IBD’s newest lamp, Salon Essentials, uses two tube-shaped bulbs that snap on the top of the light and are parallel to each other. A curved piece of reflective material around the sides and top of the unit reflect the bulbs’ rays both straight down and at cross angles to ensure even curing. The bottom of the unit has a quilted square of reflective material that helps scatter the light onto hard-to-reach places, such as the thumbs and the sides of the nails.

OPI’s MicroBond light uses three U-shaped nine-watt bulbs that, when inserted on both sides and in the back, form a continuous circle around the unit. For more even lighting, the unit has a contoured platform that fits the hand, and slides in and out of the unit “This helps keep the lamp clean, since clients sometimes brush their wet nails against the bulbs inside,” explains Judy Kazmierkowski, educational coordinator for OPI Products in Junction City, Ore.

Most bulbs will last 2,000-3,000 hours, so if you use a light for two hours a day, five days a week, theoretically your bulbs should be good for about four years. Nevertheless, most say the bulbs actually wear out more quickly than that; “We advise our customers to change their bulb every six months,” says Gina Capelli, director of education for Pro Finish (Scottsdale, Ariz.). “UV light bulbs don’t burn out like normal bulbs; they just gradually lose their strength.”

“I change my bulb every 6-8 months,” says Astrid Beath, owner of Nail Collection in Dandenong, Melbourne, Australia. “I know that it needs to be changed when the curing time starts to take longer.” Cara Babcock, a nail technician at Finger Prints in Boise, Idaho, advised her boss to change her bulb after one year when it stopped curing properly. After she changed the bulb, the lamp worked again.

Some manufacturers say a timer will help lengthen bulb life, while others insist that keeping a light on all day is more energy-efficient than switching it on and off. Whatever the case, a technician would be wise to evaluate how many bulbs a light requires, how long they are supposed to last, and how much replacement bulbs cost when she purchases the light. Another key factor is whether the unit cures a full hand at a time, or whether it takes four fingers of one hand first, four fingers of the other hand next, and then the two thumbs last.

Keep the Lamp Burning

Another way to keep bulbs lasting as long as possible is to clean them daily. At the end of each day, turn the unit off and wipe the bulbs with a nail wipe and an alcohol-based cleaning solution. “Alcohol is good to clean any shiny surface,” advises Halpern. “However, follow manufacturer’s instruction for cleaning solutions.” Don’t use acetone on any part of your lamp, especially those parts made of plastic, she warns; it could melt the plastic housing.

Cleaning gel off of your bulb is very difficult, especially if it hardens. Small bits of it can be carefully removed by rubbing gently with a cloth. Larger amounts likely cannot be removed, and if enough product accumulates on the bulb, the bulb should probably be replaced. “Your best bet is to train your clients to place their hands carefully into the light,” says Halpern. “Place their fingers so that the balls of their fingertips rest on the bottom of the unit and ask them to remain still while the nails are curing.”

Keep the rest of your light in good shape by cleaning the exterior with a household cleaning solvent. Many manufacturers recommend sanitizing the unit between clients; refer to your manufacturer for a recommendation on what kind of disinfection procedure is best.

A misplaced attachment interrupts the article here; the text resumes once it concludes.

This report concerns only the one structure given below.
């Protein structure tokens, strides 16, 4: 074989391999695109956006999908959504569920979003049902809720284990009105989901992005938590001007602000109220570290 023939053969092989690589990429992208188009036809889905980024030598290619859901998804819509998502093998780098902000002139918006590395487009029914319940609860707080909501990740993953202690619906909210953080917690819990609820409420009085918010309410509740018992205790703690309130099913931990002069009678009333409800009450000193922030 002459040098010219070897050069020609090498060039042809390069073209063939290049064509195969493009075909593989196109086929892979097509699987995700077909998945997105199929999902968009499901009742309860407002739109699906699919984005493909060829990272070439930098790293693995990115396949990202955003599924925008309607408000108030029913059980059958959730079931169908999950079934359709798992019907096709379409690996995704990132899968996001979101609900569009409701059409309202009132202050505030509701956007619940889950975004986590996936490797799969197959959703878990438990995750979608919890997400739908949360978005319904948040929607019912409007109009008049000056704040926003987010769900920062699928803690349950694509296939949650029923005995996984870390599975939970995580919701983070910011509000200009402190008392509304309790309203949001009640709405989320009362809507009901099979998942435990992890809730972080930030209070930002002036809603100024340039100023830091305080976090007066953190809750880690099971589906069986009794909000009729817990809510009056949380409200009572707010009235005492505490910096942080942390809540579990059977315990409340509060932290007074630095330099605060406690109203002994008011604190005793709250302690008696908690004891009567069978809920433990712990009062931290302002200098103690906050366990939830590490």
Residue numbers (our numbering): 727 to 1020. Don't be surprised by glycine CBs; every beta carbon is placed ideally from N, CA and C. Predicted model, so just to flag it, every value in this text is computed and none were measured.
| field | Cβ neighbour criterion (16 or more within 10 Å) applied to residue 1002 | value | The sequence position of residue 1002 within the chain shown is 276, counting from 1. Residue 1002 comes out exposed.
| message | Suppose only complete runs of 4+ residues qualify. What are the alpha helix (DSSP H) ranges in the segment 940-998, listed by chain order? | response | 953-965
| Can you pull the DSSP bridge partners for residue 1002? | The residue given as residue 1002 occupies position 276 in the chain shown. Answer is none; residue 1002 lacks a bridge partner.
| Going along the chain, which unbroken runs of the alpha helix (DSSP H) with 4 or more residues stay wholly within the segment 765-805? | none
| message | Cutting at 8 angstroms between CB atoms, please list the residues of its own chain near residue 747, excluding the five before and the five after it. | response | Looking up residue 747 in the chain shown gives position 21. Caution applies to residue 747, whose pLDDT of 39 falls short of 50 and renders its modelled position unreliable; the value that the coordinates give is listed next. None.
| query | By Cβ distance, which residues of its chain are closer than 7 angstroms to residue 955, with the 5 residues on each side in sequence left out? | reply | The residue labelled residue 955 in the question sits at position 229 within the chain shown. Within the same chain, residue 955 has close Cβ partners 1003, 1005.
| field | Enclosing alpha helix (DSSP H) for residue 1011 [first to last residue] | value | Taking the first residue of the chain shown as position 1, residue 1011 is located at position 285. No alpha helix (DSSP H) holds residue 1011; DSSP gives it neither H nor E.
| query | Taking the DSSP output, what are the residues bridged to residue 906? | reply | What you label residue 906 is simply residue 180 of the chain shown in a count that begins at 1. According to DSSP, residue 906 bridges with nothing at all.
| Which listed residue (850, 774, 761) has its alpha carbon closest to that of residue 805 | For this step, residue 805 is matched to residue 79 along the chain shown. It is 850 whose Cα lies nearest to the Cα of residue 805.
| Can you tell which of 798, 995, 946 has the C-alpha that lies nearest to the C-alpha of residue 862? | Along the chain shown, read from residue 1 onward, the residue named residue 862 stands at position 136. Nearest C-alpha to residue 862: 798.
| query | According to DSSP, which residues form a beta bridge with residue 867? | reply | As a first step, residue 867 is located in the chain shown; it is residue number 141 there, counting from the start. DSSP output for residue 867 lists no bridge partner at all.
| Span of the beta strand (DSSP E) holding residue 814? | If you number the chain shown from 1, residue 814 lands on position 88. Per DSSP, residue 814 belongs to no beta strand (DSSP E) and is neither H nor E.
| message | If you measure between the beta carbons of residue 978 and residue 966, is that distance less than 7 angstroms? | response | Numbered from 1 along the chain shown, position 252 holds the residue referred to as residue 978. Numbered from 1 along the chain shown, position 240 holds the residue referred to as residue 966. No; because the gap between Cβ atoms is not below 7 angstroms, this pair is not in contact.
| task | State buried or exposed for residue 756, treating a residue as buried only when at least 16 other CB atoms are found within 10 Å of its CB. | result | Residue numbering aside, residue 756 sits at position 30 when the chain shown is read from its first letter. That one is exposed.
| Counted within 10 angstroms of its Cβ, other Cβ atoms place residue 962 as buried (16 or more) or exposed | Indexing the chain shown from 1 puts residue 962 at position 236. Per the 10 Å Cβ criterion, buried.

Babcock has learned many things about her lamp in the year that she’s used it. “My lamp cost me $100, it has a three-pronged plug with a thick cord, nice venting, and it works even after I’ve dropped it a few times,” she says. “I’ve learned to do thinner layers because they cure better, and I know exactly what a cured nail should sound like when I thump it.” UV lamps have much to offer the busy nail technician; if cared for properly, they should make great and long-lasting partners.

Nails in the Fast Lane

Some call them the “poor man’s gel.” Others call them “glorified glue.” whatever the name, no-light gels have their fans and their critics.

About the time that light-cured gels came on the market, no-light gels also made their appearance. “Essentially; a no-light gel is a thick cyanoacrylate product (the ingredient used in nail adhesives) that is activated by either a spray or brush-on activator;” explains Sunny Stinchcombe, vice president of Gena Laboratories (Duncanville, Texas).”It was an alternative to buying an expensive UV lamp, and it didn’t require the level of proficiency to apply as light- cured gels did.”

No-light gels are used in a variety of ways. They are applied, just like polish, over a natural nail. Some technicians use them on tips, or along with a silk or fiberglass wrap, “I wear it over my wraps and it works great,” Stinchcombe says.

Most systems are quick and easy to apply and create a thin, shiny overlay. They generally do not last as long as gels or acrylics, since the overlay is not truly bonded to the nail surface.”You cannot sculpt or shape with them,” comments Lin Halpern. ‘They just sit on top of the nail.” Another disadvantage, say some technicians, is that the product tends to be brittle and yellows easily. No-light gels also suffer from an image problem; they are considered almost “too easy” for a self-respecting nail technician to offer as a service. For the most part, no-light gels are one of the many over-the- counter systems offered to consumers looking for a quick fix.